House Republicans Move Right
I’ve seen this diagram on several blogs now:
The upshot is that the House Republican leadership for the next Congress will be more “conservative” on one scale than in this Congress, with Whip Roy Blunt and Conference Chairman Adam Putnum being replaced by Eric Cantor and Mike Pence — with the possibility that Minority Leader John Boehner will be challenged by Dan Lungren.
Brendan Nyhan, Matt Yglesias, and Fester see this as evidence that the GOP doesn’t get it and is doubling down on its conservative bet despite being stomped in consecutive elections. But that’s only because “conservative” has so many meanings as to be meaningless.
Replacing Blunt with Cantor — or, frankly, just about any human being not currently on death row — is a plus. Blunt is a Tom Delay disciple, whose only ideology seems to be to win at any cost. Cantor, the only Jewish Republican in the House, is rabidly pro-Likud, which I could do without, but he strikes me as principled and committed to fiscal sanity.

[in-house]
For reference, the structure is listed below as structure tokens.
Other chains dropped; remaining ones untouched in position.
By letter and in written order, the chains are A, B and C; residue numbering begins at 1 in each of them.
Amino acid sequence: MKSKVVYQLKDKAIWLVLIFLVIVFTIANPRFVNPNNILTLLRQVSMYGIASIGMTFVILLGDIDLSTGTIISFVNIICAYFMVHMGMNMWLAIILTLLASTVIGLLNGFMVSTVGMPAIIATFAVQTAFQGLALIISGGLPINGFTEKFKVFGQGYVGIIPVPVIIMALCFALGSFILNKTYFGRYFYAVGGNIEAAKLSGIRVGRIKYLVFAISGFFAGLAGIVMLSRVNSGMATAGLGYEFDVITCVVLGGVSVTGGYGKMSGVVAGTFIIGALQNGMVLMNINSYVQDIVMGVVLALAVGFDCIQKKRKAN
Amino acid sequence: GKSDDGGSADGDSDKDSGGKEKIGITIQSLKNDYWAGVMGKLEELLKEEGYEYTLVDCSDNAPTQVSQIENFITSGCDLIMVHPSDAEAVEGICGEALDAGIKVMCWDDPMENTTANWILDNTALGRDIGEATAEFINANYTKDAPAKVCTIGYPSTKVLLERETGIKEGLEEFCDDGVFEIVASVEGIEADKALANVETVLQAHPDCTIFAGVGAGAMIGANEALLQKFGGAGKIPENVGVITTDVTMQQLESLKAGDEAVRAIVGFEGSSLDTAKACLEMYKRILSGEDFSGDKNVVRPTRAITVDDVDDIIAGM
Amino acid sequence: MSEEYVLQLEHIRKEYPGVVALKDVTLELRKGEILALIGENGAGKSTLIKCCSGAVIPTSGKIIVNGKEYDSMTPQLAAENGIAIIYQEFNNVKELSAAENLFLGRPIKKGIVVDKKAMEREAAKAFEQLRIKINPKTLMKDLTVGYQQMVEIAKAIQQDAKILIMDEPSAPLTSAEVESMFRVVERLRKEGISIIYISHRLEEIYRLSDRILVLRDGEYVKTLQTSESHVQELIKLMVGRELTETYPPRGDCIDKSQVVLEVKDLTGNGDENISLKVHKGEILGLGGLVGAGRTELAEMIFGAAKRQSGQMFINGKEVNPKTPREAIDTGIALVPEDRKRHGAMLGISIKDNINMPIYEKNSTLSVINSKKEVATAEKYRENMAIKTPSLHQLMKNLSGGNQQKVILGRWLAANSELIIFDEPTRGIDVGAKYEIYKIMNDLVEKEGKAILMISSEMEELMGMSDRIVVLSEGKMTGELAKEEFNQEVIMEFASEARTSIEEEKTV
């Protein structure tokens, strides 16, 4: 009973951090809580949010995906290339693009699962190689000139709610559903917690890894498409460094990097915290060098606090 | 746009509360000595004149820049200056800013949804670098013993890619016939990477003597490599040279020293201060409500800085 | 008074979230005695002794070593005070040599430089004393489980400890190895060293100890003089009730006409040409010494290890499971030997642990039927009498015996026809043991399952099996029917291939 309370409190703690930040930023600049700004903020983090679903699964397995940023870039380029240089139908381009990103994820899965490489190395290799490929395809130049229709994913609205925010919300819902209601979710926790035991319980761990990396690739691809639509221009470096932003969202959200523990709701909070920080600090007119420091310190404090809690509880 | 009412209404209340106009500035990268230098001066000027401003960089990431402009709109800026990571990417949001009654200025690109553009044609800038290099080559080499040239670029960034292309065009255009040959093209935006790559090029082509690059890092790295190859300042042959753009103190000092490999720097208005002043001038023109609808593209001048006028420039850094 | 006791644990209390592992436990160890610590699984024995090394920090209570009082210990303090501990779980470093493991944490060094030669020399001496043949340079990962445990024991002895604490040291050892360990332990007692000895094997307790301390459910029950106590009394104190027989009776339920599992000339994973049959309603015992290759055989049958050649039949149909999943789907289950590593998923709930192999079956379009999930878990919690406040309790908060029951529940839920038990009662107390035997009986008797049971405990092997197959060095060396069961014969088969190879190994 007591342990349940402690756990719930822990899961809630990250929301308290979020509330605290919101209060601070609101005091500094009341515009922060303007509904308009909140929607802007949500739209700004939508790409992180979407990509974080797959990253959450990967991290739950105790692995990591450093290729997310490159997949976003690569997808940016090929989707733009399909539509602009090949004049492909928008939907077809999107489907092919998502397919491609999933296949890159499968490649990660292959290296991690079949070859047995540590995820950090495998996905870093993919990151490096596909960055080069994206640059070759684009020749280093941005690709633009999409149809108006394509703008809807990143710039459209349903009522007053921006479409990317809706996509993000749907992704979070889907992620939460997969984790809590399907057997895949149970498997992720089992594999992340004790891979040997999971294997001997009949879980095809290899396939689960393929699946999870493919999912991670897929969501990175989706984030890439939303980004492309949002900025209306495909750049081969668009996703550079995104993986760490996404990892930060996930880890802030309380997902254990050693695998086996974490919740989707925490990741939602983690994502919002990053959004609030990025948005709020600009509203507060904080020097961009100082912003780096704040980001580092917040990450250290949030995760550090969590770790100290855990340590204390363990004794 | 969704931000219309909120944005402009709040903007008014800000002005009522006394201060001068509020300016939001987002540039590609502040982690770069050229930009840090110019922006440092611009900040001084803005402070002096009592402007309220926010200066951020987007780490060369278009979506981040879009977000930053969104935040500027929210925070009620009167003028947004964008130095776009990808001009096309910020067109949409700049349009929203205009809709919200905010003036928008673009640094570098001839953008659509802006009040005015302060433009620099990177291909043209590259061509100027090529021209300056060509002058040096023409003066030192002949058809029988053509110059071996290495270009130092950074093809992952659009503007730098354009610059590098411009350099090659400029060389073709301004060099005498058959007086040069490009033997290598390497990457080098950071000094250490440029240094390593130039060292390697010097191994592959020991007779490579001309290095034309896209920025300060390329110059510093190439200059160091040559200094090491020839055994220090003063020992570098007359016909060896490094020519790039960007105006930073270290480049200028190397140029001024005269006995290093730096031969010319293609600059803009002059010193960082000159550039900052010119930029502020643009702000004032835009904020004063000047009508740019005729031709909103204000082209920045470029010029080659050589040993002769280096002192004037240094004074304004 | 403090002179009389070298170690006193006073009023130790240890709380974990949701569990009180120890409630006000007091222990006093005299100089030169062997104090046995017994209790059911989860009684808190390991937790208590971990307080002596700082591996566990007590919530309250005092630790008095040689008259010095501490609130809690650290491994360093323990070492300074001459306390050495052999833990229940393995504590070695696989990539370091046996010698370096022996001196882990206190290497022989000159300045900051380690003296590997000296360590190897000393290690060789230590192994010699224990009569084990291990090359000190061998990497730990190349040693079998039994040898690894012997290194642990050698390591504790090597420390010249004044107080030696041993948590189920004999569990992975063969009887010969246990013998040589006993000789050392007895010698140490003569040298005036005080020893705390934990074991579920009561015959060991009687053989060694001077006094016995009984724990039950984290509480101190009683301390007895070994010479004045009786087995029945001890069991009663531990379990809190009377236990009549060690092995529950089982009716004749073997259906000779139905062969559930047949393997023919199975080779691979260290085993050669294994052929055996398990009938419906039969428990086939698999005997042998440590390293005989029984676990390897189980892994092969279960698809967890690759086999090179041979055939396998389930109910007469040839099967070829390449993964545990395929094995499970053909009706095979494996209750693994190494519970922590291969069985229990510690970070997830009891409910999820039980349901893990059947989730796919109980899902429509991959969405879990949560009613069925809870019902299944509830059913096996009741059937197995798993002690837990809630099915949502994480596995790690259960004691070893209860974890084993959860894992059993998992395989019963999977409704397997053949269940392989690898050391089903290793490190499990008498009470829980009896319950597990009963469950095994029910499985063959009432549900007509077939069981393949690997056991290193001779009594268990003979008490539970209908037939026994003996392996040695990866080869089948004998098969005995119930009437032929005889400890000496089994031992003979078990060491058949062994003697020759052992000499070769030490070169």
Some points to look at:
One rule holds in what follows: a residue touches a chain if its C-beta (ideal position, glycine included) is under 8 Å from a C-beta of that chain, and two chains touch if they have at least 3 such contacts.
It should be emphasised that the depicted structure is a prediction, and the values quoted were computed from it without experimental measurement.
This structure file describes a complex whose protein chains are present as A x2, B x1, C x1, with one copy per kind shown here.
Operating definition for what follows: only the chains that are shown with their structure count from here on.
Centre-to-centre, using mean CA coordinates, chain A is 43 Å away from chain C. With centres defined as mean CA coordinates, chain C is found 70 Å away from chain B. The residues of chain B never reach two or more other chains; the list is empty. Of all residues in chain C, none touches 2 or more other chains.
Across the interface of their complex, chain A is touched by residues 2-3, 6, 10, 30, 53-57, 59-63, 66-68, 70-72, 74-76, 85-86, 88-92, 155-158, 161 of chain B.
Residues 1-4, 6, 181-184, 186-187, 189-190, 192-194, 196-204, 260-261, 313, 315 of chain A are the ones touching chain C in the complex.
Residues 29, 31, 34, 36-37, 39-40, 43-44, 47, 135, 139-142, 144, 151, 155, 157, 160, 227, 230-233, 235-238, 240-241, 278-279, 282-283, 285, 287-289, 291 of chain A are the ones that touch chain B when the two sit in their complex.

I don’t know much about Putnam and Pence worries me a bit. A former chair of the fiscally conservative Republican Study Committee, he’s widely considered to be reform minded, which is good, but he’s also from the social conservative wing of party, including being an advocate of the idiotic Goodlatte bill to ban Internet gambling, which is bad.
Both Pence and Cantor came to Congress this decade and are a break from the Gang That Couldn’t Shoot Straight that ran the caucus into the ground over the last few years. They’re both ideologically committed to lowering spending and tighter ethics rules. If that’s the brand of “conservative” that they emphasize in their new leadership roles, it’ll be a welcome move the the “right” that’s mainstream, indeed.